The Asian foreign-born count for all three cities is 675,000 (Toronto), 900,000 (New York) and 1,135,000 (London).

Quote:
Originally Posted by Crawford View Post
And the numbers aren't remotely apples-to-apples and useless in the context of the larger discussion. You're comparing basically the entire immigrant population in London to a (substantial) portion of that of NYC and Toronto.

Toronto would look much better compared to London metro-to-metro.
It’s a comparison of New York, Toronto and London which are probably the three leading candidates in this debate discussing cities, although I haven’t had a chance to review data for Sydney and Melbourne. All data comes from the official statistical agencies of Canada, the US and the UK, and categorically no part or group of either city has been omitted from the city data as you erroneously allude to.
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  #133  
Old Posted Apr 18, 2018, 8:49 PM
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Lots of good info here.
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  #134  
Old Posted Apr 18, 2018, 11:24 PM
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With over 90 votes in, Vancouver BC is leading.
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  #135  
Old Posted Apr 18, 2018, 11:44 PM
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Well 68% of Vancouver's immigrants were born in Asia, 50% in East and Southeast Asia, 30% in China, Hong Kong and Taiwan.
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  #136  
Old Posted Apr 19, 2018, 12:17 AM
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Also, whether accurate or not, a lot of times Asian Vancouverites are portrayed in Canada as often wealthy jet setters who live parts of their lives in Asia and only partly in Canada. Despite Vancouver also having a long-standing Asian population that is more "rooted".

My feel is that this portrayal is less common to Asian residents of other Canadian or US cities -- my impression is there's no image of say Asian Angelinos, or New Yorkers or Torontonians being so transnational (framed in a more positive light, well-connected to their old country, versus framed in a negative less, "less loyal/rooted to their new country/city") or at least relative to Vancouver. Even though actually, Asian Americans statistically are wealthier than Asian Canadians and wealth enables the jet setting lifestyle.

On the other hand, it's also estimated that there's nearly 300 000 Canadians in Hong Kong who might heavily be drawn from the "returnee" population, while I'm not sure if many Asian cities have high "American returnee" populations.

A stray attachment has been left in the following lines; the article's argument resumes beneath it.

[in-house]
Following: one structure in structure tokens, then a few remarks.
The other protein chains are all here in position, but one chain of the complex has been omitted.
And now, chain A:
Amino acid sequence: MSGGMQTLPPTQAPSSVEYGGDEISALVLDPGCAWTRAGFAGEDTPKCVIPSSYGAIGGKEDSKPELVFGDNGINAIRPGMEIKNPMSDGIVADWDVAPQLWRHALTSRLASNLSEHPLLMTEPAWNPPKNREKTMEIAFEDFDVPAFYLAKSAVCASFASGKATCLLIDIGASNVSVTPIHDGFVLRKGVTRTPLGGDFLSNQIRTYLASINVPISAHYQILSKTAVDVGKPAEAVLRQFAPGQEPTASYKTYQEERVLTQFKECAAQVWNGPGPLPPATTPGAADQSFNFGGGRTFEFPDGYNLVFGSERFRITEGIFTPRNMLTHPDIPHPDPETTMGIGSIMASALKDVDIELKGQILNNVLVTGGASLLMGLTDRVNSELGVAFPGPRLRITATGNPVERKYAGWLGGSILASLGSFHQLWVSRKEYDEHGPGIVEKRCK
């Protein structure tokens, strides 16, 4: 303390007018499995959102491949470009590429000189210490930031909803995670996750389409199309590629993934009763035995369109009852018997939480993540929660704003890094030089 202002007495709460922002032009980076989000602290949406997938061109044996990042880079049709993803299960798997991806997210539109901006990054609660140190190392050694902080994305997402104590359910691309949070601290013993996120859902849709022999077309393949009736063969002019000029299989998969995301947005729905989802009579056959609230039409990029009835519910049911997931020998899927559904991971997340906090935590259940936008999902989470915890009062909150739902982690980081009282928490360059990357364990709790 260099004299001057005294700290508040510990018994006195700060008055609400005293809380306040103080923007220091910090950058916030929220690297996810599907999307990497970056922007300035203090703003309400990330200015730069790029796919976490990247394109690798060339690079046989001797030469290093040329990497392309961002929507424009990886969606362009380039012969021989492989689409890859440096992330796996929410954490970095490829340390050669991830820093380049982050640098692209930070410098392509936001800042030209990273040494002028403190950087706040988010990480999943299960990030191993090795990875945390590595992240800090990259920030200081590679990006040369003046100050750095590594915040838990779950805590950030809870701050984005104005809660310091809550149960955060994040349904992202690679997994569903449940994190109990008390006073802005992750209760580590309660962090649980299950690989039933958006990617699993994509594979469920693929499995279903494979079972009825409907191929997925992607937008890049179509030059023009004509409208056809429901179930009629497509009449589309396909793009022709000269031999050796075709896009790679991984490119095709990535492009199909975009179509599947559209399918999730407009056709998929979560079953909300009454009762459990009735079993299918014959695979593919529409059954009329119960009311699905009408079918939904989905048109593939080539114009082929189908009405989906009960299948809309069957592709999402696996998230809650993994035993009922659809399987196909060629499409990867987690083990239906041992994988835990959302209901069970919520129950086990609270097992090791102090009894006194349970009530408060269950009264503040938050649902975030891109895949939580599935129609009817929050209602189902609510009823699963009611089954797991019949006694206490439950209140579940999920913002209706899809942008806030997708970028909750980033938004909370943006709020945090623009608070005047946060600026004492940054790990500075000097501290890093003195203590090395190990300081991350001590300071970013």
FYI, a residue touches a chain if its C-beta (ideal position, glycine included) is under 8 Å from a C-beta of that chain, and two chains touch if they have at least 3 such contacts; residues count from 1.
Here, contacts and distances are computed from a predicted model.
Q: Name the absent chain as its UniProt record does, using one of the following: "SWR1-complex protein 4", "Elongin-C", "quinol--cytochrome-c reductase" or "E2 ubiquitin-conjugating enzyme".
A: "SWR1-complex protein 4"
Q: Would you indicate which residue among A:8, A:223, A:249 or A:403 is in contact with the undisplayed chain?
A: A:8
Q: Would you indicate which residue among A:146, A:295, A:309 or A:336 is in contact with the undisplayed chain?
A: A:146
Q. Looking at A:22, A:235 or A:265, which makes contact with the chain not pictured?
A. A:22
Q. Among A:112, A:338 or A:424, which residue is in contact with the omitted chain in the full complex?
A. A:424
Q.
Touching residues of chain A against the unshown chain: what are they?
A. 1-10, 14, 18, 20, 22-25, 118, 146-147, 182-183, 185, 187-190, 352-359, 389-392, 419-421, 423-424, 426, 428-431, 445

Since my thread is about connections, the perceived returnee and "jet setting" image of Asian Vancouverites might make people think they're more connected relative to some other city where Asian immigrants arrive and stay but don't jet back and forth between the old and new homes as much.
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  #137  
Old Posted Apr 19, 2018, 9:37 PM
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Anyone who answers anything other than Honolulu here just doesn't know what he's talking about.
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  #138  
Old Posted Apr 29, 2018, 10:44 PM
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  #139  
Old Posted Apr 29, 2018, 11:29 PM
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Quote:
Originally Posted by Docere View Post
BTW, any idea what percentage of LA Iranians are Jewish? Maybe 20%?
I'd say over half, if not more. The reason most of the Iranians left Iran for Los Angeles is because they were jewish.
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  #140  
Old Posted Apr 29, 2018, 11:39 PM
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Originally Posted by Illithid Dude View Post
I'd say over half, if not more. The reason most of the Iranians left Iran for Los Angeles is because they were jewish.
But then why LA in particular (other cities' Persian immigrants' demographics aren't as heavily Jewish, like say Toronto, despite Persian Torontonians living in places not too far from Jewish Torontonians, like North York)?

And why didn't they say, move to the East coast in the US where there were historically more (and still are more) Jewish immigrants of many backgrounds?